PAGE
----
And it was like heaven. Six days of not eating, I think I mentioned before, is frustrating, especially when I’m so close to being ready. I had my first shower, all bedding replaced, my breakfast…

…And I literally felt like rolling in mud! Oink!


Ok, this routine is getting OLD!

After a successful night of moving fluids through to my new illiostomy, the stoma has stopped putting out fluids. That means more rounds of throwing up as my normal body processes produce liquid that fills my digestive system to over-full.

Having more energy now, I tried everything recommended to me to get the fluid moving again, including sitting upright, standing more, walking around, even pressing on my stomach. Still no response.

You can imagine this is discouraging to me, as I had such high hopes of healing quickly and leaving here by this time. Medically, there is still nothing worth worrying about, and nothing out of the ordinary, it’s just taking longer than expected. I miss eating food, and crave so many things, but water is my best friend right now, and the other stuff will have to wait.

Dang! My guts are stubborn!



Good news abounds!

Firstly, last night sucked. I was sick much of the night. I was fortunately able to sleep in good chunks, but was in a state of waiting for the vomit to happen. Apparently something is blocking my stoma! When the liquids produced by my body processes don’t have anywhere to exit the body, they build up and build up, then they are forced upward.

Nextly, my surgeon ordered x-rays to identify what in my belly is making me sick. Turns out a blockage of swelling around my stoma is holding everything inside. This is normal, I am told, and will resolve itself in time.

Then, she comes into my room, manually clears me all out with a tube extended from inside my stoma (very impressive). Matt has become her right hand man as he holds the tube in the bucket for the draining, and she is explaining in great technical detail what she is doing and why. Then her eyes light up like an exclamation point, and she says:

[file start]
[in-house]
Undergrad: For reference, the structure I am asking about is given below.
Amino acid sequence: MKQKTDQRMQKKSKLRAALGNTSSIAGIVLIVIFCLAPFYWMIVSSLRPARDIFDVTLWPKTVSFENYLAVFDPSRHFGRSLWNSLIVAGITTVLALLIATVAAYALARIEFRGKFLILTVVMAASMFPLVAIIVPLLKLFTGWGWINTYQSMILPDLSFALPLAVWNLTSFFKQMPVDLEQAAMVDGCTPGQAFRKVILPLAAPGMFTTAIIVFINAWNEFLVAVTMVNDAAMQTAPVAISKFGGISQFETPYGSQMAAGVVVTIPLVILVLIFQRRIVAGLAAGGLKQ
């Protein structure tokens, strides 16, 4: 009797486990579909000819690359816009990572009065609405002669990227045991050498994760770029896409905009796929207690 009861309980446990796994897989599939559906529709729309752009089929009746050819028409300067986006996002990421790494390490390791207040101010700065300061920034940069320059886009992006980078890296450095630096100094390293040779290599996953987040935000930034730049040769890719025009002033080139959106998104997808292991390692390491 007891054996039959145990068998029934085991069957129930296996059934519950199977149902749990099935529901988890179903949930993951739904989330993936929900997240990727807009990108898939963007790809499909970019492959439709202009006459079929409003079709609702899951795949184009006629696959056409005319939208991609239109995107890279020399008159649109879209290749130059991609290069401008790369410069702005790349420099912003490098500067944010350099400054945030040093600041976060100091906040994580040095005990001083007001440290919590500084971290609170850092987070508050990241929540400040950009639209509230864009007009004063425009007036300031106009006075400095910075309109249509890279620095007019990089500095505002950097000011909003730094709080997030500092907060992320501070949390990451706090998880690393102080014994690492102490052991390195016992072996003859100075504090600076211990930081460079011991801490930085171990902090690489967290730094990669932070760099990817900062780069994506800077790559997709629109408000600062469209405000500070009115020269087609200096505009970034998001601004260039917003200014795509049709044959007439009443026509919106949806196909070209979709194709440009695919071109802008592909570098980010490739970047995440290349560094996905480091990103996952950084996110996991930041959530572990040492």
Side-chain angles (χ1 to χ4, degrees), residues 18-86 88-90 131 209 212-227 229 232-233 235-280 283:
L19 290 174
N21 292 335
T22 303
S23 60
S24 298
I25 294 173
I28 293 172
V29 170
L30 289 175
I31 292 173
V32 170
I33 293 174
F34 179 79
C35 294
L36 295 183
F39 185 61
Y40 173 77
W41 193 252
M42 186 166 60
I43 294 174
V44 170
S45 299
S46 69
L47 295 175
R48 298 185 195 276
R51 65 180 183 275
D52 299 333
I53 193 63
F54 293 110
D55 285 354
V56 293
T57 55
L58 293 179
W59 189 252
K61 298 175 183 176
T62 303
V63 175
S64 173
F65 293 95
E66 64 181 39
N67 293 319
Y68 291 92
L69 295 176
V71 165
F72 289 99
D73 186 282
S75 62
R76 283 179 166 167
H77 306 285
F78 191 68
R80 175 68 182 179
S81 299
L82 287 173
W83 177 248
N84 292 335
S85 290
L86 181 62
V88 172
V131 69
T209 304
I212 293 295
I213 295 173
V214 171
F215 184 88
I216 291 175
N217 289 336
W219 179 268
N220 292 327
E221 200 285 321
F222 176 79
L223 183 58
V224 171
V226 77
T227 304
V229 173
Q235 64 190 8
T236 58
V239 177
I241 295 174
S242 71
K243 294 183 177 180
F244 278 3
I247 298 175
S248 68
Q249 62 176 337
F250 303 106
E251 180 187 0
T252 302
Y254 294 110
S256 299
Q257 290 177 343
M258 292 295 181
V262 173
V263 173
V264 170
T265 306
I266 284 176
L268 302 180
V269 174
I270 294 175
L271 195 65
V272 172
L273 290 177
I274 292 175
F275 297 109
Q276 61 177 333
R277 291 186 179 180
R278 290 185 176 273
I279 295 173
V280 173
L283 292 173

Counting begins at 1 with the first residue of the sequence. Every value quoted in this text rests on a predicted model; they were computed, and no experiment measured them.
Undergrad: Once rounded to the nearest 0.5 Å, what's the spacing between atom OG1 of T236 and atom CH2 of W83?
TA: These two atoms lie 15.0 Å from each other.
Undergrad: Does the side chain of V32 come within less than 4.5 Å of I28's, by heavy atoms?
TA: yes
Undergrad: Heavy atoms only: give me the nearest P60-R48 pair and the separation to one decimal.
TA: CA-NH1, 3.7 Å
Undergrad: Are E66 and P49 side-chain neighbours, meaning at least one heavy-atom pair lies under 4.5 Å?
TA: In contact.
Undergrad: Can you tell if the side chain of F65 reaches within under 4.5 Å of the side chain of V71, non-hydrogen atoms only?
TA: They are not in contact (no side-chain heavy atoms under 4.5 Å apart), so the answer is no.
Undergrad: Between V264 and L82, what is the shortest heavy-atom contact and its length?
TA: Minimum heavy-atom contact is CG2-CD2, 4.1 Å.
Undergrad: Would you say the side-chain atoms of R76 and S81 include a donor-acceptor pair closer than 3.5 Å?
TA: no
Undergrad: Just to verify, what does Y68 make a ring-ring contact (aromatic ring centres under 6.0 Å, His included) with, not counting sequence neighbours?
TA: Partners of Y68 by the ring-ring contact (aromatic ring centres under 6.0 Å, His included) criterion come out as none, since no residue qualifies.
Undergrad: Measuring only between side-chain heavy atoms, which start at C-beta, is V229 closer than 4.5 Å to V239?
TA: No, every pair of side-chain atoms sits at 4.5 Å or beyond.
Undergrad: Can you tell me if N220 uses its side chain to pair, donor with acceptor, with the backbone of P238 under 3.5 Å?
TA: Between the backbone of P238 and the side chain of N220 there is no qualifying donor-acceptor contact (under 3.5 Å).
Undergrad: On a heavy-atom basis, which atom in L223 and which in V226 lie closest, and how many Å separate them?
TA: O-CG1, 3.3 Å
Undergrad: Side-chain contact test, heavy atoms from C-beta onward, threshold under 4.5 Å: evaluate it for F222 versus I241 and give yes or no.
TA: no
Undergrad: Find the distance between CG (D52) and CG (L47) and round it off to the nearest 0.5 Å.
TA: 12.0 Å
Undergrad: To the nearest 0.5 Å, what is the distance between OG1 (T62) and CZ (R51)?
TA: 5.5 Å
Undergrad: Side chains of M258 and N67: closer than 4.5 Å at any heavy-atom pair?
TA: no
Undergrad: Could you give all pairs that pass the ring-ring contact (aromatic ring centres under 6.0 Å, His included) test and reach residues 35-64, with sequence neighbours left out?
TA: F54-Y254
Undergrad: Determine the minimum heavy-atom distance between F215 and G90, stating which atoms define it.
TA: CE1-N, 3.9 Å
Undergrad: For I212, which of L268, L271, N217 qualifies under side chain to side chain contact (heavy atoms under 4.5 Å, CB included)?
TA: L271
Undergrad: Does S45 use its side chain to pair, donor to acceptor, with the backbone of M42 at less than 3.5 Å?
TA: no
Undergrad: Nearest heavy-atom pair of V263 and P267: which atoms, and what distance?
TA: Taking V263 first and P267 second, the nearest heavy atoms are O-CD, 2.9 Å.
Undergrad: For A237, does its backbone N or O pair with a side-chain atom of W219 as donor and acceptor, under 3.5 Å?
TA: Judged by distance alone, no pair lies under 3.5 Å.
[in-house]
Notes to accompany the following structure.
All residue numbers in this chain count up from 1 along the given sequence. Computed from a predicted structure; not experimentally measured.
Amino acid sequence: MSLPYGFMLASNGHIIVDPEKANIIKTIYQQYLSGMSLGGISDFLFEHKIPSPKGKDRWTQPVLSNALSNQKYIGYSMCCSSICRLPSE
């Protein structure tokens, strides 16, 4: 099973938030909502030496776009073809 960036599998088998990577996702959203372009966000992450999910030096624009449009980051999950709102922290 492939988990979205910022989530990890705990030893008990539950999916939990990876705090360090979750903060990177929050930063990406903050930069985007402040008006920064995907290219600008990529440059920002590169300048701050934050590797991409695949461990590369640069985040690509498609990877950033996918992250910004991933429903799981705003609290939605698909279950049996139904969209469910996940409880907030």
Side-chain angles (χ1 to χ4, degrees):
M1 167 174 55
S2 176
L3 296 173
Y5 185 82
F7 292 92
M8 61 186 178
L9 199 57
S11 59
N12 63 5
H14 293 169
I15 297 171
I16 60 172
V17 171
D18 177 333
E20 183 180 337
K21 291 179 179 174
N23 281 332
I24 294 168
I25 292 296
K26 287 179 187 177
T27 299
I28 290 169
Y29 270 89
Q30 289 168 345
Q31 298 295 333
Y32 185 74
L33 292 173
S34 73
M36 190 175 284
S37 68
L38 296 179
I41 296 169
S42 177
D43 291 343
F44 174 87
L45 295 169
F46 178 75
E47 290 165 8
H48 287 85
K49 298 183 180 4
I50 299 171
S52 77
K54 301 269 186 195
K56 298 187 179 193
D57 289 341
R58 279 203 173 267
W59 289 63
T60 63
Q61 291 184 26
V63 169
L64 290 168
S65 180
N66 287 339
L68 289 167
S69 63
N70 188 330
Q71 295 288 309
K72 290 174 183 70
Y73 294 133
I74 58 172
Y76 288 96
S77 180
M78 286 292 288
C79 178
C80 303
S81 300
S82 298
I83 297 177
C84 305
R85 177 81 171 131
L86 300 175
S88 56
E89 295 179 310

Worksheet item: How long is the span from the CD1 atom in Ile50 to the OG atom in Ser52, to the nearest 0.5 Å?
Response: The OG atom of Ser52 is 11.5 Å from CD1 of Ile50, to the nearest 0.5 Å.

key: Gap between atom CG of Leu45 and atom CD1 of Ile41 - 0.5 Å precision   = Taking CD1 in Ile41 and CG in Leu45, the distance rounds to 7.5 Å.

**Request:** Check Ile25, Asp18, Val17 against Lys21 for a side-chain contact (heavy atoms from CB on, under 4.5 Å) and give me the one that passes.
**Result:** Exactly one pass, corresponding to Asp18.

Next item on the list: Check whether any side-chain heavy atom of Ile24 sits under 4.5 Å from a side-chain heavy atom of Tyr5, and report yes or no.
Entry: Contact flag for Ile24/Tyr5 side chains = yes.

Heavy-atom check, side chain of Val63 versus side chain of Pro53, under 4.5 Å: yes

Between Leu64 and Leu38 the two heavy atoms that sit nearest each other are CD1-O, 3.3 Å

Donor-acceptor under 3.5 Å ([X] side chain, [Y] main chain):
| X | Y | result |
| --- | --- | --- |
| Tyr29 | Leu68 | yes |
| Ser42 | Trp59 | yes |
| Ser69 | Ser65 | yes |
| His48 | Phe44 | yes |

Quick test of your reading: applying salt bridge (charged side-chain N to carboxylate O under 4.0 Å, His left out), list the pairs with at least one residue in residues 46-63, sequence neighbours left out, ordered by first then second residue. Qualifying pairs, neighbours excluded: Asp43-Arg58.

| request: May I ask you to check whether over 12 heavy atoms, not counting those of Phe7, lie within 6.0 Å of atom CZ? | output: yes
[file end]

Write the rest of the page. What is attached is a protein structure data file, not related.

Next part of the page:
“OH! Good news! The results of your pathology are, no spreading of cancer cells anywhere. You are clean!”

Matt & I had a good cry there, tears of joy! This is what we were going for. What Matt said then: “We’ve summited”.

I am feeling tons better, physically, now, with some cramping in my intestines and some fatigue. My typing is also a bit loopy, I guess the drugs are affecting my faculties!

But I still feel well enough to update you.


Well, healing is full of ups & downs.

Today wasn’t so good, a lot of yucky tummy and long naps. I’ve downgraded from liquid diet to ice chips (booo!). But my vitals are all normal, and all staff confirm that this is normal experience while healing.

I have gone on some walks with Matt through the halls. He is cracking me up! During the walk, we witnessed an irate woman scolding some hospital staff because her husband had a double room, and he was supposed to have a single. They kept telling her to talk to her charge nurse, that they couldn’t do anything about it. Matt said “We don’t even have a room”. She didn’t like that. She said, “Well, there you go then!” and stormed off. So the whole way back to our room we pretended we were wayward patients looking for a room. Every room we passed he said, “looks like this one’s taken, oh wait there’s a bed in the hall, we’re homeless, is that taken?” All the while we are wheeling around my IV.

I just woke from a nap and thought it was morning, and it’s not. So today is an incredibly long day, and I’ve completely lost track of am/pm!

Also, I can’t get a picture of Love. She doesn’t do pictures, but I understand that, so you’ll have to take my word – she is Lovely.

While I can’t leave you a picture of Love, I will leave you with this, post-op silliness, styled by Matt.



Hey all! I’m doing as well as can be expected. Surgery went smoothly, no dramas at all. I have a continuous Delaudid IV drip, and a continuous direct local anesthetic inserted by tube to the incisions. I’m not using the pain med dispenser, not because I’m tough, just because if I don’t move, it dont hurt! Actually the local anesthetic works amazingly well.

Little nausea at first, now gone. Matt finally had time to take a dinner break, so I’m just doing a quick update, then going back to sleep, letting you all know not to worry. Matt’s shiny face has made it all easier to deal. Thanks for your wishes, they helps me immensely. Out~


Hello! Well, it’s 3 days away that I’m expecting surgery to remove a cancerous tumor from my rectal tissue,

And life has never been better than right now.